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Chaotic Council Meeting Ends With Calls To Respect Anjanette Young, No Vote On Lake Shore Drive

CHICAGO (CBS) -- A vote to rename Lake Shore Drive in honor of Jean Baptiste Point du Sable has been pushed back at least until Friday.

Wednesday's City Council meeting erupting into a number of heated arguments. CBS 2 Political Investigator Dana Kozlov reports from City Hall.

There were signs the City Council meeting was going off the rails fairly early on.

The first sign of trouble? Objections to appointing a new top lawyer for the city due to the handling of Anjanette Young's wrongful raid case.

It derailed from there.

It was expected to be a routine point of business at the day's City Council meeting: Voting to make Celia Meza Chicago's new corporation counsel.

Then this happened...

"In light of everything going on with Anjanette Young, Alderman Taylor and I defer and publish this item. Thank you," said Ald. Ray Lopez (15th.)

Lopez (15th) and Jeanette Taylor (20th) stood firm about their reasons for deferring Meza's appointment.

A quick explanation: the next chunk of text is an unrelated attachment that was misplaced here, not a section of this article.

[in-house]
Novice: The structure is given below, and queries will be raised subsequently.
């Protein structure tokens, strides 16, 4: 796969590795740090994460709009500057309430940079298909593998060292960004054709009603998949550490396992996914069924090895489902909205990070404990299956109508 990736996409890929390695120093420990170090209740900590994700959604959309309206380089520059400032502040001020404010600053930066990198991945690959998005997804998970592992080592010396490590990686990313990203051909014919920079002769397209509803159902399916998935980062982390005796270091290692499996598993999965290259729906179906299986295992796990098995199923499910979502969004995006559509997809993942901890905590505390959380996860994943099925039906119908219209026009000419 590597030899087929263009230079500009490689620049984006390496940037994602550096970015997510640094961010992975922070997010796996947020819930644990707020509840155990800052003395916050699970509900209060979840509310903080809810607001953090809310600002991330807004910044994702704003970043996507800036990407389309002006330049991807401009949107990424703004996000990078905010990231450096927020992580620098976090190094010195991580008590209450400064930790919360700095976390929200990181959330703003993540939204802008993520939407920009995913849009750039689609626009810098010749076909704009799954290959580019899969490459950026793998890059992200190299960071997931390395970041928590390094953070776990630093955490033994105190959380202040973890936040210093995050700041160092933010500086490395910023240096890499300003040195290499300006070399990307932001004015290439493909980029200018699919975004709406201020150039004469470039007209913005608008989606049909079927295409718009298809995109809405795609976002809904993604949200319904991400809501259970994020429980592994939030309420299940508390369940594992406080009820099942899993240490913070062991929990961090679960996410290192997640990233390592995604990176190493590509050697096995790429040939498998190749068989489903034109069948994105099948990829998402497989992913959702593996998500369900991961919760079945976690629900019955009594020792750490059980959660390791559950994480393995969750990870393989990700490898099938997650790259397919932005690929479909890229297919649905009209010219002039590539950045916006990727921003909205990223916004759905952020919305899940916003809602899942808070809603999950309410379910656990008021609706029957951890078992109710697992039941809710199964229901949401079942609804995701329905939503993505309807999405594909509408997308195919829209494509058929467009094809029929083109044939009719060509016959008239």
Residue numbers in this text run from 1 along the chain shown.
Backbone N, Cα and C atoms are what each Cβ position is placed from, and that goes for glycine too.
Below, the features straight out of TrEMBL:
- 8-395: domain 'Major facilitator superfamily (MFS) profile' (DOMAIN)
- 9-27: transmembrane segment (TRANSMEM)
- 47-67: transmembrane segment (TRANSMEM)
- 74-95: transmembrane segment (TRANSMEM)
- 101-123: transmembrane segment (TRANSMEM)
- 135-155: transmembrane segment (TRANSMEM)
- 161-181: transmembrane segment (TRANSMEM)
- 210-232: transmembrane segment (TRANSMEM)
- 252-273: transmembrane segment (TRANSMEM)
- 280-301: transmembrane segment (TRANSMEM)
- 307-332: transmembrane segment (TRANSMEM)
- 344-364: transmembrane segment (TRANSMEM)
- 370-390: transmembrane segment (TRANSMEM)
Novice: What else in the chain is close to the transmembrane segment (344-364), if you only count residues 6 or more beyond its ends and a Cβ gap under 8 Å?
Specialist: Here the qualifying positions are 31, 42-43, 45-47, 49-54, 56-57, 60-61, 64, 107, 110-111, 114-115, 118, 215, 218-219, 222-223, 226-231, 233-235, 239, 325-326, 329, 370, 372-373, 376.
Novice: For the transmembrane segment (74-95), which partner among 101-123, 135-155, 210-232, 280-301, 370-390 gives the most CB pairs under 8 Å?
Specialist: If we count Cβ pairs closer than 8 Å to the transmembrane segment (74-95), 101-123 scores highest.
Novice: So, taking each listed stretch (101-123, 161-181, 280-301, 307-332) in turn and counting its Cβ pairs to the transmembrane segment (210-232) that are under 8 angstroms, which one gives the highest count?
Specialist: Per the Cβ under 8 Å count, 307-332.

"This was about their mistreatment Ms. Young," Taylor said.


Earlier this month, the city moved to dismiss Anjanette Young's civil lawsuit, despite Mayor Lori Lightfoot's December 2020 acknowledgement that what happened to her was inexcusable.

Meza, who became the mayor's interim council after the city's top attorney resigned, was the mayor's counsel and senior ethics advisor at the time.

"The law department has to be taken to task for what it has been doing to this woman this entire time. If this is the only way to get their attention, so be it," said Lopez.

During a recess, Mayor Lightfoot went back to talk directly with Taylor in what appeared to be a heated private conversation.

Minutes later, Lightfoot walked away, shaking her head and waving Taylor off.

"So I've said to her and I'll say it to you all, since we've been in a global pandemic and she got this ultimate power, she doesn't feel like she has to work with us," Taylor said. "I'm not fooled. I'm going stand up for Ms. Young. She deserves to be respected."

Many aldermen objected to the move to delay Meza's appointment, saying she was thoroughly vetted and this appeared to be a last-minute drive by before the entire meeting was adjourned until Friday.

Mayor Lightfoot postponed an opportunity to ask her any questions until then.

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